Stocks bounced back Monday after a sharp drop Friday as the yen eased against major counterparts.
The Nikkei 225 average surged 307.85 points, or 2.19 percent, to end at 14,396.04. On Friday, the key market gauge plunged 398.22 points.
The Topix closed 20.08 points higher at 1,198.36 after shedding 25.07 points Friday.
The TSE kicked off the week up more than 170 points after Wall Street advanced late last week. The Dow Jones industrial average rose to a one-month high on Friday following better than expected data on durable goods orders for September.
Investors also took heart from the yen’s easing against other currencies, brokers said.
These factors allowed the Nikkei to recoup most of Friday’s hefty losses.
The Nikkei gained further ground in the afternoon thanks to futures-led buying, brokers said.
The dollar may have hit bottom against the yen for now and start gaining strength to underpin Japanese stocks, an official at a bank-affiliated brokerage firm said.
Still, the picture for the equity market is far from rosy as the yen is unlikely to drop significantly against the dollar if the Federal Reserve keeps its asset purchase program in place for a longer period than expected, the official added.
Meanwhile, half-year corporate earnings are beginning to hit the TSE, along with much-anticipated changes in their earnings estimates for the full year to March.
“Earnings reports will reveal the strength of individual companies’ core business performances apart from the positive impact a weaker yen has on their balance sheets,” said Yoshihiko Tabei, chief analyst at Kazaka Securities Co.
There are fears that a slowdown in the yen’s depreciation against the dollar, which hit as high as ¥100 in September, may erode the positive foreign exchange effect, Tabei said, adding that unless there are positive surprises in earnings reports, the market will not chase higher ground in the near term.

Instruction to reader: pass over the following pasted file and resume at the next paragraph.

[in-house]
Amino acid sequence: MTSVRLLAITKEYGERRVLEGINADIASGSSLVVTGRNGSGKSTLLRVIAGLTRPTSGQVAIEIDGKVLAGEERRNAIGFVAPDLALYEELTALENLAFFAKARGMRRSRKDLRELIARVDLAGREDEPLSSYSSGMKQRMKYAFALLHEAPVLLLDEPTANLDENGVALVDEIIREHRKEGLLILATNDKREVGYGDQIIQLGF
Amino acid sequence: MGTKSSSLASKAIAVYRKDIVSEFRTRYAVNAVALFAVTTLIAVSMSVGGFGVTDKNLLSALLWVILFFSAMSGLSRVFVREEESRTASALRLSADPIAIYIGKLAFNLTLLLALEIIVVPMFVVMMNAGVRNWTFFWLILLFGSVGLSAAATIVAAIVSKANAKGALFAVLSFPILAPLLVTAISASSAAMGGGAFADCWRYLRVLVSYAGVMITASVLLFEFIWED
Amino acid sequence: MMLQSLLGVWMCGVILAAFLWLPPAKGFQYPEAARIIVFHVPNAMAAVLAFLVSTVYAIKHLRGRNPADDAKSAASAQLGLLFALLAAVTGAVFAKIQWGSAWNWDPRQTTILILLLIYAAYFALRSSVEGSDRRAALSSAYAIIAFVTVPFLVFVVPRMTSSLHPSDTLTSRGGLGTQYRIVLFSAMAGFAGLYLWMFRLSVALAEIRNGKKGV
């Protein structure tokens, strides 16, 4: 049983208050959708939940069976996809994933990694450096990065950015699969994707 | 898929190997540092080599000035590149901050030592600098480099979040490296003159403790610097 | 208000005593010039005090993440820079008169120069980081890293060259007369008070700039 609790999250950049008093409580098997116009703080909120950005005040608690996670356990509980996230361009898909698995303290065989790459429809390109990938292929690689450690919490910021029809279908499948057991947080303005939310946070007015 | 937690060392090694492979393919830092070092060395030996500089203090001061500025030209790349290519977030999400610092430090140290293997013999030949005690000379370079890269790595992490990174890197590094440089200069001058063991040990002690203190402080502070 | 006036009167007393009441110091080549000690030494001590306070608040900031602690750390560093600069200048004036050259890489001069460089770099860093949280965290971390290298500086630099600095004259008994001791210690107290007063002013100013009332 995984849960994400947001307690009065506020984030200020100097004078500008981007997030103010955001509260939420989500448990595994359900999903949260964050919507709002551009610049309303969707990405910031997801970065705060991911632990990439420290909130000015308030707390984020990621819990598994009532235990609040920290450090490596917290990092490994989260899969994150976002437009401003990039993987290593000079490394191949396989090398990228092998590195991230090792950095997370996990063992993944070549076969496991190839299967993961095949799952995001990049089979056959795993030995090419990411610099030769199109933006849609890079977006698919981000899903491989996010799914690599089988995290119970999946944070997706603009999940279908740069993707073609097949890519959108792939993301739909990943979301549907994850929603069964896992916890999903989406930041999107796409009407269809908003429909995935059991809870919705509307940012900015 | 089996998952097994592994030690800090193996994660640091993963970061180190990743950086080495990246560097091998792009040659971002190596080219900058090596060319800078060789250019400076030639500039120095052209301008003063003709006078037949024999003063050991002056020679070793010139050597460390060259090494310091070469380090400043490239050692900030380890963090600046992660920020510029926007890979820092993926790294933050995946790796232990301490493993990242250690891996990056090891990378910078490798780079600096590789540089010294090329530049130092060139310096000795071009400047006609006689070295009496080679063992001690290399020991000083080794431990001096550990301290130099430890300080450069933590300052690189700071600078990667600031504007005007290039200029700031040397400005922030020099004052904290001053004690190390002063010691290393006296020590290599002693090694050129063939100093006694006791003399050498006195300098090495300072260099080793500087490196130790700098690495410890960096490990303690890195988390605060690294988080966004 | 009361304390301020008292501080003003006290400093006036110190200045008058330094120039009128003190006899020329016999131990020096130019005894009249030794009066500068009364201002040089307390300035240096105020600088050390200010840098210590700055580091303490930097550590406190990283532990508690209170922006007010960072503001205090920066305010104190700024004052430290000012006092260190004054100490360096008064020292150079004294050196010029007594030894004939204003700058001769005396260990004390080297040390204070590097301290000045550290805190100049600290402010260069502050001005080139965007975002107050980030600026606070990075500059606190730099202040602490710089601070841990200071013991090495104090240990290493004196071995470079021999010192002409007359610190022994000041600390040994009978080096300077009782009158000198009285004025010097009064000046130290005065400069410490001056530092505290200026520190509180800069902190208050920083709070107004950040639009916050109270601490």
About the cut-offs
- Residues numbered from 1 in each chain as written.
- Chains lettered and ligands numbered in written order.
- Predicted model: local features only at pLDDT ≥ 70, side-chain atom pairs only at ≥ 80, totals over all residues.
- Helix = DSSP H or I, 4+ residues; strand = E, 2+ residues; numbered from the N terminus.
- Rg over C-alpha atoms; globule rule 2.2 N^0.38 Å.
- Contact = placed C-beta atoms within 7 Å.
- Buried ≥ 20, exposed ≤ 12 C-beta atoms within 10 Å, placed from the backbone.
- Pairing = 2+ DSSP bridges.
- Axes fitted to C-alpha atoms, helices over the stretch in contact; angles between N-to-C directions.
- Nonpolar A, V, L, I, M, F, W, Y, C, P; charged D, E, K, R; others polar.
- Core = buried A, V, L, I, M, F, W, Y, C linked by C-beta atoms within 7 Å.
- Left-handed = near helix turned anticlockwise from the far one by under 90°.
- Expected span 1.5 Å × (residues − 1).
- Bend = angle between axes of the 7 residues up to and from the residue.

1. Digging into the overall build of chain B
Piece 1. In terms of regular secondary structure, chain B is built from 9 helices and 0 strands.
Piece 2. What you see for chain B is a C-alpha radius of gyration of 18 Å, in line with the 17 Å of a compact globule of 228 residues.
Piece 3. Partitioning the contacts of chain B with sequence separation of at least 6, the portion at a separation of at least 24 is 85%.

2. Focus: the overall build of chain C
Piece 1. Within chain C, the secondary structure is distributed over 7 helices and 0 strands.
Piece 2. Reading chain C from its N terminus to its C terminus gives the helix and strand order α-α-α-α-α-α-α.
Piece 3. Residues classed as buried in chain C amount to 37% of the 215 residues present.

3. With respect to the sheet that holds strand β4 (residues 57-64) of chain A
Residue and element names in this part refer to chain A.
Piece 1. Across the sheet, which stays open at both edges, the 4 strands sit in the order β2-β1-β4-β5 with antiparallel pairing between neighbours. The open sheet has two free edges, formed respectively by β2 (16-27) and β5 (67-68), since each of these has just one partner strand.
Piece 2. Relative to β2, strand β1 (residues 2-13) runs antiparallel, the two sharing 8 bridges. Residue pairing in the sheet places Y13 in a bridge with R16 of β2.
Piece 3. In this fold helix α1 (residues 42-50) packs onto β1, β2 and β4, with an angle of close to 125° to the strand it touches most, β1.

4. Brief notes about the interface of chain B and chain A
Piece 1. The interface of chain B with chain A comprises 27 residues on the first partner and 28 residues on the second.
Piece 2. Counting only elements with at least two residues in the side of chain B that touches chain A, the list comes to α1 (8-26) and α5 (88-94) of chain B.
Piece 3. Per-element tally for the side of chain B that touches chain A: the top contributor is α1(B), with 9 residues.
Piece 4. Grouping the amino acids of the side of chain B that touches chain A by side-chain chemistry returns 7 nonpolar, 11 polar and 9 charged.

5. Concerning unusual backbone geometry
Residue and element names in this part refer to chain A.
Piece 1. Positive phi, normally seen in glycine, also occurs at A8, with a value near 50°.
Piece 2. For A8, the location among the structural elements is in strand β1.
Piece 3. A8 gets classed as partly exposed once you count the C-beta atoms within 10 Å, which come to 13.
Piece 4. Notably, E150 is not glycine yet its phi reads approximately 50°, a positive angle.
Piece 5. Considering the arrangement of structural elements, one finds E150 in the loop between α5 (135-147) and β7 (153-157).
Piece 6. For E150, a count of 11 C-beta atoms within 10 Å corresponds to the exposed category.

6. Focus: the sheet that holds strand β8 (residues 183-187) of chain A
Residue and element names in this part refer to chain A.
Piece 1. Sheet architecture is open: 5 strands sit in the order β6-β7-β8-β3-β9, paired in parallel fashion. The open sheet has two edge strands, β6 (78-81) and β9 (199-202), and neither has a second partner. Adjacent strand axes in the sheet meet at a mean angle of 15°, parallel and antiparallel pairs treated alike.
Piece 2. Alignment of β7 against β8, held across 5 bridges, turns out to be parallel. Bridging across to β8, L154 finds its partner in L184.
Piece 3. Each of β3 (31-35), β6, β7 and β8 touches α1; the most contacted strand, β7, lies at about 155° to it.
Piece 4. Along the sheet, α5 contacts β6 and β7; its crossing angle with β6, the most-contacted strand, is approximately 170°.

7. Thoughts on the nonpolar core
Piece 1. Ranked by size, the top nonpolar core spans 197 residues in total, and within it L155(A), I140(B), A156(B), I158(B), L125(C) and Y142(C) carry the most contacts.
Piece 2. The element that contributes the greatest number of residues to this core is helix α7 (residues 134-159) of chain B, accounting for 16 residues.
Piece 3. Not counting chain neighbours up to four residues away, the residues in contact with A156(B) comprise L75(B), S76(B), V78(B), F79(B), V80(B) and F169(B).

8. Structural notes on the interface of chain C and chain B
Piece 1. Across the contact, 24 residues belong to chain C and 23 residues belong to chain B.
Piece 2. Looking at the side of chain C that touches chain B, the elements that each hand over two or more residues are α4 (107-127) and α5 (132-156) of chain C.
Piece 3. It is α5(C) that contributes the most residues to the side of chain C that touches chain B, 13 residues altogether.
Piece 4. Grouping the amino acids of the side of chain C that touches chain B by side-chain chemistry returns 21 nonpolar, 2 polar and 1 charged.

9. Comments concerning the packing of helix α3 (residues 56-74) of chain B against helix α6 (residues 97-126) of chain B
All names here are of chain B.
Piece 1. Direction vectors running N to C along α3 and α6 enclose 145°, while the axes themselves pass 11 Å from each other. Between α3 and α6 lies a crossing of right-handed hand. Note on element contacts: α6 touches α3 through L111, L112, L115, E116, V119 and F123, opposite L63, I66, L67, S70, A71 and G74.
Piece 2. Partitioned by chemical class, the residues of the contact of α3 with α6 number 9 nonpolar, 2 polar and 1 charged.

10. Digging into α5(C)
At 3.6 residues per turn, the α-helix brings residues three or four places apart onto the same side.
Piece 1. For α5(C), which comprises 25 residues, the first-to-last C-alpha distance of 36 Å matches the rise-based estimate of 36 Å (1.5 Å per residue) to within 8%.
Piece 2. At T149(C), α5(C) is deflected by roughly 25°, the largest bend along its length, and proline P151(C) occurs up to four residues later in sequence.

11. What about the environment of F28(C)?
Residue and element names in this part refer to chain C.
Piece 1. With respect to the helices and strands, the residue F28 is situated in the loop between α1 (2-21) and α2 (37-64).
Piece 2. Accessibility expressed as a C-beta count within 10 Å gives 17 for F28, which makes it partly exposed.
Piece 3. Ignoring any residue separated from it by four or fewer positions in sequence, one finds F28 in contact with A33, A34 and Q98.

Rising issues outnumbered falling ones 1,431 to 253 in the first section, while 73 issues were unchanged.
Stocks rose across the board, with all of the 33 first-section sector subindexes posting gains.
Sony rocketed more than 3 percent, along with other electronics firms, including Hitachi and Sharp.
Toyota and Honda rebounded thanks to the yen’s fall, which also supported other export-oriented names such as industrial robot maker Fanuc and electronic devices maker Kyocera.
Online portal site operator Yahoo Japan extended losses.
Japanese government bonds moved little in quiet trading Monday.
The lead December contract on 10-year JGBs closed unchanged from Friday at 144.83. Volume shrank to 8,386 contracts from 20,988.
In late interdealer trading in cash JGBs, the yield on the latest 330th 10-year issue with a 0.8 percent coupon stood at 0.615 percent, up from 0.610 percent late Friday.
The bond market almost ignored a sharp rebound in the Nikkei average, which ended more than 300 points higher.